We caught up with hip-hop artist Mecca aka Grimo at a recent TPS rally. TPS (Temporary Protected Status) is short-hand for a legal shield that allows immigrants to remain in the United States temporarily, while their home country recovers from natural disaster, or unrest. Haiti has seen plenty of both, but Haitians have never received the protection.
Dave Barry brought Miami, in all of its glory, to the forefront of the country’s consciousness as a syndicated humor columnist for The Miami Herald. Listen (above) as Under the Sun co-host, Dan Grech, speaks with Barry about his first impressions of the cityafter arriving from Philadelphia. In a nutshell: “My God this is the weirdest place I’ve ever seen in my life…I’m not going to bring my family to this insane place.”
Perhaps more than anyone else, writers understand the need for a safe place to pursue their craft. Unfortunately, in some countries a poem or an essay can lead to persecution, arrest, or worse. Find out how writers like Russell Banks, Salman Rushdie and
Russell Banks helped found Cities of Refuge for exiled writers. He is the best-selling author of Affliction and Continental Drift, among other novels. On a recent trip to South Florida, he sat down with Under the Sun’s Ruth Morris to discuss efforts to establish Miami as a city of refuge. She also asked him to describe the city in just one word. Click on the player (above) to hear his answer, and why Miami reminds him of Montreal.
Under the Sun is pleased to announce that we won a grant to produce an episode about all things literary in South Florida. This third episode aired on Saturday, June 27 at noon on WLRN 91.3 FM and WKWM 91.5 FM. We are excited to bring you this program about writing and the arts throughout our communities.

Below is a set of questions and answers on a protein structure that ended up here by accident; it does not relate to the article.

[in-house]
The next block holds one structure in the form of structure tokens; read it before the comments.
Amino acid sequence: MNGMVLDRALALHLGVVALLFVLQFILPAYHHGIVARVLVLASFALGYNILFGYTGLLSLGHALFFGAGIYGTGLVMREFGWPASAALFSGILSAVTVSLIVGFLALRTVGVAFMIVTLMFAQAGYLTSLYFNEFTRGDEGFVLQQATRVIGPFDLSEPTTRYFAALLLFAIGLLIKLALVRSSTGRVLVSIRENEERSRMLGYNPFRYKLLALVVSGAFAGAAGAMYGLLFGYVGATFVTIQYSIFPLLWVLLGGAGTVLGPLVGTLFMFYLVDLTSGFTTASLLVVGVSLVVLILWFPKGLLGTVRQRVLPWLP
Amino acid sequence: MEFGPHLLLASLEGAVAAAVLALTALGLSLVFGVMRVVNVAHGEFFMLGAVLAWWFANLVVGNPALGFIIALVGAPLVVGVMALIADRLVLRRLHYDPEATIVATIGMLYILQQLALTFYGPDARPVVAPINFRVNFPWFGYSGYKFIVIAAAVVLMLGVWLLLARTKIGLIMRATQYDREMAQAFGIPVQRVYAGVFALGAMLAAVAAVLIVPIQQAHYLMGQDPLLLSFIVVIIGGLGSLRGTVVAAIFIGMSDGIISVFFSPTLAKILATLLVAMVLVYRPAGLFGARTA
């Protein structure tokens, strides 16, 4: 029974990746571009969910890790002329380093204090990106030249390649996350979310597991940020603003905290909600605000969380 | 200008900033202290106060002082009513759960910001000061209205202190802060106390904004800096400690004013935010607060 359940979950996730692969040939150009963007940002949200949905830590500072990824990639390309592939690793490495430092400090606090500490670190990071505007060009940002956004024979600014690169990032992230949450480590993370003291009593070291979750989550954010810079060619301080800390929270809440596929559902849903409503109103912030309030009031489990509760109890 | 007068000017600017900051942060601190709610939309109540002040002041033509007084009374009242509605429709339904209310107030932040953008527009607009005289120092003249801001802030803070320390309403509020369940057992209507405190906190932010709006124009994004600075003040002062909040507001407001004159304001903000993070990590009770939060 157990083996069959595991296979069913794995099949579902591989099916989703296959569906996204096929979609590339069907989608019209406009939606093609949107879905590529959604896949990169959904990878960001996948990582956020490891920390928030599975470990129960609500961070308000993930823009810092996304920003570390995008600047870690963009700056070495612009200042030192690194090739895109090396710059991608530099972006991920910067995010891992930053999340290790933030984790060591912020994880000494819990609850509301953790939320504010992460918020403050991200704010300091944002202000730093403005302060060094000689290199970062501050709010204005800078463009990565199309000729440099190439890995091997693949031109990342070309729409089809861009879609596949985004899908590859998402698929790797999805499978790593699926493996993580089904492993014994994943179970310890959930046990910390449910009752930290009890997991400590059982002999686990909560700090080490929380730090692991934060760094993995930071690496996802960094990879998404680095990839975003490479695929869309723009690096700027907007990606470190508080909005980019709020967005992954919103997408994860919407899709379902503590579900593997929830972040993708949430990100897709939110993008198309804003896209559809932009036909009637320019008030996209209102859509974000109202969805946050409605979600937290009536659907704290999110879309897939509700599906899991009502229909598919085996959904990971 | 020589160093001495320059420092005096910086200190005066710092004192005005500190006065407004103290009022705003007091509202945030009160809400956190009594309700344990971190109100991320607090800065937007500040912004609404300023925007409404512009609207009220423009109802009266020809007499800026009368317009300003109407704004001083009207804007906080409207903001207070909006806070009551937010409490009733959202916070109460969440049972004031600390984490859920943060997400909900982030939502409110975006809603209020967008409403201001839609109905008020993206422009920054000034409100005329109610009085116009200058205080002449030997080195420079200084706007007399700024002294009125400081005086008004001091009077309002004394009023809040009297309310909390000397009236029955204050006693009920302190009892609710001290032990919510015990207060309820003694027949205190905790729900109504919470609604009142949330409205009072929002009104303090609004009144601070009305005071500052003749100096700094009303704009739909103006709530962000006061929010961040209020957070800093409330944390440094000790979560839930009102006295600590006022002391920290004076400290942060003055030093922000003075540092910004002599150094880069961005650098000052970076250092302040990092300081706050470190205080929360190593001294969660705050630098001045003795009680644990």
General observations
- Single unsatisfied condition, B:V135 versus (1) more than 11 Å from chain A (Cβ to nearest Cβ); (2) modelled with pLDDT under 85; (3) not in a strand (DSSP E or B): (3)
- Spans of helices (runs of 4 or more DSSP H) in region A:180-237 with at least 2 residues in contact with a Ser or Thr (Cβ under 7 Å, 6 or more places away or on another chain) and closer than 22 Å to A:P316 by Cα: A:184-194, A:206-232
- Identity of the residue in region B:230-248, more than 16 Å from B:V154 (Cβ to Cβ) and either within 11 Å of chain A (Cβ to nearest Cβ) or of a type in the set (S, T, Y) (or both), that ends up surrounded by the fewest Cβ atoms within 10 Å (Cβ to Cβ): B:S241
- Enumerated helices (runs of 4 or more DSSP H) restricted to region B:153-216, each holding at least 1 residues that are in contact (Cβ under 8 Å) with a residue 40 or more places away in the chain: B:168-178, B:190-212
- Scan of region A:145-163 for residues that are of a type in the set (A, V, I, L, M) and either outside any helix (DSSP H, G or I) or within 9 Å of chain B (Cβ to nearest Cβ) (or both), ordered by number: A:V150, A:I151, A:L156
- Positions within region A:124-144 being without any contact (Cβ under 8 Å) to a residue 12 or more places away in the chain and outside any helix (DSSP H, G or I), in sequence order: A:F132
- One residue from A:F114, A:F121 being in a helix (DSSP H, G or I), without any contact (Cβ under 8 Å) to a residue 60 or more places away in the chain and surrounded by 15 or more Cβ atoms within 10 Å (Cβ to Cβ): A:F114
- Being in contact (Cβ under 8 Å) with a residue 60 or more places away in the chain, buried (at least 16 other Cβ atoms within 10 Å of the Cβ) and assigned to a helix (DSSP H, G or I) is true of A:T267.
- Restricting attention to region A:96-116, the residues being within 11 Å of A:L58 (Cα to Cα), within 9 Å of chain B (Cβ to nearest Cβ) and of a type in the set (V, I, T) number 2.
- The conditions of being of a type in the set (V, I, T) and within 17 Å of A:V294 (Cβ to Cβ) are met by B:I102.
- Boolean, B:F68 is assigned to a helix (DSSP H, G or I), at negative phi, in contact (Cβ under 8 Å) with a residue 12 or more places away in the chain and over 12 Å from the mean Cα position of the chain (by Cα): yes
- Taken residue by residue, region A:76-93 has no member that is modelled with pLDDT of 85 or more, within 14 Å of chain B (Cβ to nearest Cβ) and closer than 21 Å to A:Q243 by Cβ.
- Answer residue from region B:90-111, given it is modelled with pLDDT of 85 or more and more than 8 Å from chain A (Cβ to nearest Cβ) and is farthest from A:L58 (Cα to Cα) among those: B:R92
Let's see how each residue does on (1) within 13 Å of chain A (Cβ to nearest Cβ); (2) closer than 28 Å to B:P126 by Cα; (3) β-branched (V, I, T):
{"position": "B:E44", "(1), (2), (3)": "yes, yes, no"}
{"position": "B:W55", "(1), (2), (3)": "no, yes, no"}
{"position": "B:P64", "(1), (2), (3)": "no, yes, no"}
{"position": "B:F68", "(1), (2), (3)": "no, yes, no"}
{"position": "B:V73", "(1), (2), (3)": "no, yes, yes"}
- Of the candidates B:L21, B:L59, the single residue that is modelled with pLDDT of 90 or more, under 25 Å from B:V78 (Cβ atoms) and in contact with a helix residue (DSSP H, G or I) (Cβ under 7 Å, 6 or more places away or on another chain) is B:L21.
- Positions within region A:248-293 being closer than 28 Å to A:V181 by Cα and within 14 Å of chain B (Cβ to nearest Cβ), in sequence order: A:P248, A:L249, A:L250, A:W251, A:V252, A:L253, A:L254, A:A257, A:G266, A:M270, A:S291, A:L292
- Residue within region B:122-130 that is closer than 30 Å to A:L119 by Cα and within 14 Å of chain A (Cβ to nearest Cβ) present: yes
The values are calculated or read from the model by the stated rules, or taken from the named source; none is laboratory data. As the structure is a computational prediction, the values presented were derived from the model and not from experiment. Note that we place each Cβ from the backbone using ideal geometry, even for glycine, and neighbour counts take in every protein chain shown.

Good food and good stories are two of life’s greatest pleasures. I usually write about food at Miami Dish, but today Under the Sun ventures into the culinary world. Last Sunday, I saw Liliane Nerette Louis present at the Historical Museum of South Florida. She is all about good food and good stories; she is both an honored storyteller and a masterful cook.
When Under the Sun heard about a cat retirement home in Broward County, our interest was more than a little bit piqued. So, we sent Under the Sun’s resident retiree, Robert Lyle, over for a visit.
He met with Steve Kilmer and Ella Schutt, owners of Palm Meow in Hollywood. The many amenities of this retirement community include daily brushing and cat massage, videos of mice and other furry creatures, relaxing classical music, and individualized play sessions. Sorry, cats only.
Episode 2 of Under the Sun explores the theme of South Florida as the “End of the Line.”
We bring you an audio postcard from Alabama Jack’s, a legendary bar and restaurant at the tip of the U.S. mainland. Mitchell Kaplan of Books & Books talks with author Les Standiford about Henry Flagler’s unflagging desire to build a railroad to Key West.
You may have heard of Queen Brown. Her son was killed two years ago, and ever since, she’s pushed for an end to youth violence. In speeches and articles, Queen talks about the wrenching experience of losing her son. But the fallout of his death still haunts her. Kenny Malone has her story.
In our recurring segment, we explore the ways people in South Florida make a living. Meet Ryan Esdale, a 17-year-old announcer at Dania Jai A’lai. He dreams of going pro. Trina Sargalski produced this story.
A tiny berry called a “miracle fruit” transforms your taste buds for about two hours. The fruit is from a tree originally grown in West Africa. The grower who ships them across the U.S. is based here in South Florida. His name is Curtis Mozie and he calls himself the Miracle Fruit Man. Alicia Zuckerman went to the Fort Lauderdale farm for a tasting.